I've read that cats will do this—wake you up very early in the morning because they want to be amused, and they will not be fooled when you pretend you're still asleep. I am not sitting here so early in the morning to amuse Big Mike, but I did get up to give him his morning dose of insulin, and how apropos, since today's opinion piece in Small Town Newspaper is about Big Mike and what I and millions of people like me will do for our pets.
Here's what I have to say on the subject:
I have two cats, one named Tiger who is affectionate and friendly to any and all who enter my home, and the other one. This other one is the cat that inspires me to question this odd practice humans have of keeping animals as pets.
This other one’s name is Mike, and he is a beautiful black and white cat, your typical American shorthair. Mike, also known as Big Mike because he weighs 22 pounds on a trim day, has endeared himself to me with his many quirks and charms. He plays fetch with a yarn ball and will even lunge over furniture to retrieve the prize, although he’ll take the long way around to return it for another throw. He follows me around the house like a dog and rests patiently beside my office chair while I work. I have become so accustomed to seeing his massive frame snoring beside me that I am perplexed on the rare occasions when he naps in another room.
Big Mike snorts when he breathes, waddles when he walks, slops food when he eats and refuses to submit to cuddling. He hides when visitors walk through the door, and he hisses at my husband when he is startled by his presence. He sheds and smells and often sprawls out to claim the best seat in the house, resting his head on a throw pillow as if he were the prince of the manor.
Beyond his notable characteristics, he has also had some health issues, and over the years he has run up a veterinarian bill to rival a small mortgage. The cat has had surgery to repair damage done by kidney stones and has had repeated treatments for urinary tract infections – IVs, antibiotics and a prescription diet. And now the big guy has diabetes. To keep his blood sugar level balanced, I administer two shots of insulin a day, shots he doesn’t seem to mind because I have become adept at injecting the doses painlessly into the scruff of his neck.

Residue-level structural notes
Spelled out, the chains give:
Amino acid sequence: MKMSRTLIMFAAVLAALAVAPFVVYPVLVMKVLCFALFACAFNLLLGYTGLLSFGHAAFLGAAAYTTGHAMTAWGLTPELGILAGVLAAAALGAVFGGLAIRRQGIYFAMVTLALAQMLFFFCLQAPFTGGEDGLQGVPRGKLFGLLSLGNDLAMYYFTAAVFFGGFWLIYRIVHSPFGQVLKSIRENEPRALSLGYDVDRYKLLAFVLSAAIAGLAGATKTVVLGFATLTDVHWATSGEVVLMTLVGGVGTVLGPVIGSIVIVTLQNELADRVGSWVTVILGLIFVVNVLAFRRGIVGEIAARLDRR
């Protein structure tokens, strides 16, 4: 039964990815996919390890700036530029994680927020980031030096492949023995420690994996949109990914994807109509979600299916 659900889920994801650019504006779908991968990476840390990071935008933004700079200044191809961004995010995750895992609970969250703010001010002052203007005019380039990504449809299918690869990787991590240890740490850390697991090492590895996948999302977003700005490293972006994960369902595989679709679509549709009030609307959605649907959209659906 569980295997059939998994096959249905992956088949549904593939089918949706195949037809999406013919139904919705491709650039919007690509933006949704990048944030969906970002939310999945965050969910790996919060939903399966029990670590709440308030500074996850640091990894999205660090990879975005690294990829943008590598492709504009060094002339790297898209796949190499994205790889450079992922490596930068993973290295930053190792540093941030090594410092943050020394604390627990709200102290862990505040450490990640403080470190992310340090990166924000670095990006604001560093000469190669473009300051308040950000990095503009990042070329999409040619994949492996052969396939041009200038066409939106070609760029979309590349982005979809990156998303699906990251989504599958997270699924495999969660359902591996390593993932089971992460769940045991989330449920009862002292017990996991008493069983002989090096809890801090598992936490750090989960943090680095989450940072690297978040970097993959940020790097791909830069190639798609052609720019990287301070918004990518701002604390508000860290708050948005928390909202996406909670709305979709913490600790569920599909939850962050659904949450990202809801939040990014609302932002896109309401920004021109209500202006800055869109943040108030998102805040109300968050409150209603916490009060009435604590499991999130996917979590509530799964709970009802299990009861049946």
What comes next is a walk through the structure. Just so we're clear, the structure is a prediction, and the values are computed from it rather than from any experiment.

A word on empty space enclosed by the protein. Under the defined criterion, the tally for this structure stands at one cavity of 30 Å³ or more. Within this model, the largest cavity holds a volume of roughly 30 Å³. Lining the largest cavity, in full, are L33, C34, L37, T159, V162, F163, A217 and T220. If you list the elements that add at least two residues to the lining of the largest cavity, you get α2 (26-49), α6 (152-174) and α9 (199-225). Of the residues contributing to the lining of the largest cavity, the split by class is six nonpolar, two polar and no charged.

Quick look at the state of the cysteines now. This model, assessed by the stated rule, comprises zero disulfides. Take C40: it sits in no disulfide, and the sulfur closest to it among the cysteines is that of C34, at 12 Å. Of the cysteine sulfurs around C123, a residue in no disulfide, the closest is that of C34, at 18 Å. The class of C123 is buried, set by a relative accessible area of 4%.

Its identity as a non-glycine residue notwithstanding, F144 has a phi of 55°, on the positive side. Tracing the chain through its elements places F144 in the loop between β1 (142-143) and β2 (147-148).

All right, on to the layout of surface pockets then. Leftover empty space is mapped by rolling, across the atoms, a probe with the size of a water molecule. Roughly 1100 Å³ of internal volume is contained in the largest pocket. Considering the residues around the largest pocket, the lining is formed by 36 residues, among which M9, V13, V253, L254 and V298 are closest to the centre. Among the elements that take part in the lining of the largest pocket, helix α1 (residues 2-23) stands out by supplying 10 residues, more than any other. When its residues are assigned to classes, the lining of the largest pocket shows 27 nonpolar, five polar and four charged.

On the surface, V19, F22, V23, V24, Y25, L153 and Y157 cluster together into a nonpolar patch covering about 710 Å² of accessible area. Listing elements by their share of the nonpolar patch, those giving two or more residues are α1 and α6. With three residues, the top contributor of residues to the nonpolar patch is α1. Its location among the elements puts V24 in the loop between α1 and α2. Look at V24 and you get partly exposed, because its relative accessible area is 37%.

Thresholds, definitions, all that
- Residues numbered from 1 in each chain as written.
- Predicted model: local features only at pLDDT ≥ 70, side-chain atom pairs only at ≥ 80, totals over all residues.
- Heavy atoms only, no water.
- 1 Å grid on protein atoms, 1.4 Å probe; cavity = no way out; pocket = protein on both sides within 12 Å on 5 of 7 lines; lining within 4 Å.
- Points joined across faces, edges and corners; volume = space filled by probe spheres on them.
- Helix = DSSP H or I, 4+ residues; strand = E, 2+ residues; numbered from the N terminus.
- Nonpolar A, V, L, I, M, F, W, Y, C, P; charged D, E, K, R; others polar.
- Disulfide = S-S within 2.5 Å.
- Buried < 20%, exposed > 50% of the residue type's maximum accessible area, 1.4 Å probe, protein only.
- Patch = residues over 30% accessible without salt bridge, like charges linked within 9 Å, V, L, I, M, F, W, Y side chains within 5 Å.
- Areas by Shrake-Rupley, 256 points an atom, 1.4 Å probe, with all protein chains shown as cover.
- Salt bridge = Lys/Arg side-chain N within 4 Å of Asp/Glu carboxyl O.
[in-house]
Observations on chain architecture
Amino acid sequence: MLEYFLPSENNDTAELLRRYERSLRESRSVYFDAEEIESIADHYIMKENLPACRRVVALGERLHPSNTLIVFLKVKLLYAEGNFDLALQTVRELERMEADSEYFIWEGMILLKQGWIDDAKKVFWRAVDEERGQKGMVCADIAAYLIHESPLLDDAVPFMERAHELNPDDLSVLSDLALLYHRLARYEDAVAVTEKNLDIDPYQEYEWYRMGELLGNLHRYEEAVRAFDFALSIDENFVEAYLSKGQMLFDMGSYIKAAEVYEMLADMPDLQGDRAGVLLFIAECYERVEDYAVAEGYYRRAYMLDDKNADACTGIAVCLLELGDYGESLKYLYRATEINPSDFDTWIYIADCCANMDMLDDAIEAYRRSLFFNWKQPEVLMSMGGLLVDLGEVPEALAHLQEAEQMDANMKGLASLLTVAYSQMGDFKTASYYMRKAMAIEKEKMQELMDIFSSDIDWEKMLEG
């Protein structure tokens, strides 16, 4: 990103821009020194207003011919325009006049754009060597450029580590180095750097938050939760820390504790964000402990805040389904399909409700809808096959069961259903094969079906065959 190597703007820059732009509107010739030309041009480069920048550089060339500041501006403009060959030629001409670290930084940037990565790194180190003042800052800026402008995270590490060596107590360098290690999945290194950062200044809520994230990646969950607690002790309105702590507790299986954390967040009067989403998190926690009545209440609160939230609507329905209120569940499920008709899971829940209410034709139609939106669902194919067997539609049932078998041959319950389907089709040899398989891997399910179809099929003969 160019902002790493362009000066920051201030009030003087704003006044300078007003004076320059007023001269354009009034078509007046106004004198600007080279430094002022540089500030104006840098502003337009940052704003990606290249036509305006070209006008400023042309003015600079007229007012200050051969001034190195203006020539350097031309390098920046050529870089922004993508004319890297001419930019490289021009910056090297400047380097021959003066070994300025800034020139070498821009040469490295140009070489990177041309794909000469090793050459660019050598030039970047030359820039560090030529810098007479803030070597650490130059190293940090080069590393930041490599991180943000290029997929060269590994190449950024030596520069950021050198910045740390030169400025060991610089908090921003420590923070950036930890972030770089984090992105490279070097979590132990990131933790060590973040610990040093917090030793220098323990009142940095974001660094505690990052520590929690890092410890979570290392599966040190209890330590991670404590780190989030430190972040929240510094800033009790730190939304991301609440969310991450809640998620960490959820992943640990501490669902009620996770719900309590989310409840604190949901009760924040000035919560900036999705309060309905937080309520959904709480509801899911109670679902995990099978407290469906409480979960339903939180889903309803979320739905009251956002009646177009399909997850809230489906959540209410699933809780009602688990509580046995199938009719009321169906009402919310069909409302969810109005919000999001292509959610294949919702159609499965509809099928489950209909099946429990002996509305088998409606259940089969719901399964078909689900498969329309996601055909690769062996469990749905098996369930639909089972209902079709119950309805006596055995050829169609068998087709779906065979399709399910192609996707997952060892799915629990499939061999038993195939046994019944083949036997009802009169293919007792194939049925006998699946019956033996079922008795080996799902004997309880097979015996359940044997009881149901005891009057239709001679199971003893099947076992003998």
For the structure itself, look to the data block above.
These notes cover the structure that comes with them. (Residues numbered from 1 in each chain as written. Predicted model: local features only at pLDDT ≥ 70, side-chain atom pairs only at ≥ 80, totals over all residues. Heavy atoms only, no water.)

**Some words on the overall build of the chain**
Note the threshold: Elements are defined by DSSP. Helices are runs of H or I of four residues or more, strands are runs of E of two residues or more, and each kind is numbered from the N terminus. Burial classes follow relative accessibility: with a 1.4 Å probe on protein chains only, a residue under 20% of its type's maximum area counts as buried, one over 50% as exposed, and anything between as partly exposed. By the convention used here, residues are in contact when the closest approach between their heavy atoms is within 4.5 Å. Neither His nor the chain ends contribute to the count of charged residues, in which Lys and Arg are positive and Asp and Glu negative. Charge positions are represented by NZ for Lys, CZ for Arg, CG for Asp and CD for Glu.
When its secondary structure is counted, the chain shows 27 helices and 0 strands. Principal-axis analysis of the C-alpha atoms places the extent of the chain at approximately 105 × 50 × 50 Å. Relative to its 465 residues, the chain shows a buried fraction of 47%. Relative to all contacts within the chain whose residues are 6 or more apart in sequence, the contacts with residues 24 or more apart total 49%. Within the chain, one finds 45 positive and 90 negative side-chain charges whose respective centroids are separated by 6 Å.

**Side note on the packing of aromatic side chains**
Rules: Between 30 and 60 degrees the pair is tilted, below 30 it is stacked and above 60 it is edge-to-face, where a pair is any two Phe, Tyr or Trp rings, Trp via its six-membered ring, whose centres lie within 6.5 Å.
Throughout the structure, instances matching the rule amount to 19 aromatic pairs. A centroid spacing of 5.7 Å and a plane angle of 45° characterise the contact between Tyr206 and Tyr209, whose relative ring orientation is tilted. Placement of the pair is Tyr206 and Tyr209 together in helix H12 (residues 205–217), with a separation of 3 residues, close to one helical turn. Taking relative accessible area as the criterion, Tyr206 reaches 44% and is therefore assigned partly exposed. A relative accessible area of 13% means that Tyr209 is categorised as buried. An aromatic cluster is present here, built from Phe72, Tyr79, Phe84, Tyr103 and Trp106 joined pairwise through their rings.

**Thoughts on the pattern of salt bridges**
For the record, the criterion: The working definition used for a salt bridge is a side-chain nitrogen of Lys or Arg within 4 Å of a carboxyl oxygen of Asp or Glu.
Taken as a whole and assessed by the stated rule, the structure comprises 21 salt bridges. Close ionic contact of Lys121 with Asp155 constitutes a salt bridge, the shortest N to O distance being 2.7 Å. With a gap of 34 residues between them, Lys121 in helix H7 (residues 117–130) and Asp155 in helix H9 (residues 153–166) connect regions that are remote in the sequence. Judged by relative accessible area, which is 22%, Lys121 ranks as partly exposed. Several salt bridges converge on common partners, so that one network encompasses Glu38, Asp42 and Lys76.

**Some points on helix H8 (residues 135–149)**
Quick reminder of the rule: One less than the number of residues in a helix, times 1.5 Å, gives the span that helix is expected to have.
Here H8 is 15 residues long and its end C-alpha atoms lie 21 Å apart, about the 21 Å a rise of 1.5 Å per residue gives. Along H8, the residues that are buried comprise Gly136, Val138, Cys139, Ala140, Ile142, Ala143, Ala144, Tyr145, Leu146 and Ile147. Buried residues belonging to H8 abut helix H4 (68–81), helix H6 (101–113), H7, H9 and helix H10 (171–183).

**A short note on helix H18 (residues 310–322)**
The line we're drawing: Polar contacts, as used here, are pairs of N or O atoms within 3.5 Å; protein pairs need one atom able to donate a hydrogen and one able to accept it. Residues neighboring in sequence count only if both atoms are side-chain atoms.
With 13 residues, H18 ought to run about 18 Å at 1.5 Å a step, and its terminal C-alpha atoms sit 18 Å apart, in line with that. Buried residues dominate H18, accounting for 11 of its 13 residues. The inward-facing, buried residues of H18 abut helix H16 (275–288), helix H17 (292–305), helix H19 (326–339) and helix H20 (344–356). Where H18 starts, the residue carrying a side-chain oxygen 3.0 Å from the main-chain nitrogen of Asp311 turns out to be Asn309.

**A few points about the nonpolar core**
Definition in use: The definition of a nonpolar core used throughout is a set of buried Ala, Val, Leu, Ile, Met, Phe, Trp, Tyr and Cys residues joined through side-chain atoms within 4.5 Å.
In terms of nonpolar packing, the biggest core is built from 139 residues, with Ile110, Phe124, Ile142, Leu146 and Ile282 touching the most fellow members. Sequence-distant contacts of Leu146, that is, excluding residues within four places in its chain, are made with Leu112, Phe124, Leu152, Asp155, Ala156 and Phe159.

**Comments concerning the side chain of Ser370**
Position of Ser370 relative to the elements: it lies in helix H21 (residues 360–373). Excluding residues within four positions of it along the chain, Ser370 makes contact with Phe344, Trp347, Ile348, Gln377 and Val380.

With all of the trouble Big Mike causes and all the expenses he has racked up, one might wonder why I would continue to keep the animal. When will enough be enough, and at what point will I finally say “the end?”
Pets provide unconditional acceptance and companionship. They don’t criticize or scold or mock, and they are never disappointed in us as long as we show up and give them the little they need to be satisfied. Even more important, they force us to become caregivers, and I am hard pressed to put a dollar amount on that often overlooked benefit.
Fortunately, I am not alone in my devotion to my pets, nor in my willingness to spend what some might consider an extraordinary amount of money on their well-being. More than 60 percent of American households keep pets of some sort, everything from dogs and cats to pot-bellied pigs. And we spend more than $20 billion a year caring for them. That’s more than the gross domestic product of most Third World countries.
On some level, I feel a little ashamed for spending so much to take care of this cat of mine when there are human beings on this planet dying from need every single day, but a human doesn’t go without health care because I am giving it to my cat. And if we were to compare every relative luxury so common in our culture to the severe need around the world, we wouldn’t allow ourselves most of what we purchase, and even something as simple as a cup of coffee to go would seem too extravagant.
To answer the question of when will enough be enough – when the cat appears to be suffering or when his expenses exceed my ability to pay, I’ll have to make a difficult decision. When the time comes for me to finally say “the end,” I will be heartbroken and will miss the oddities I have come to treasure about Big Mike, but until then, I’ll keep giving him shots and sweeping up his messes. And I’ll keep finding comfort when I see him resting in his spot beside my chair.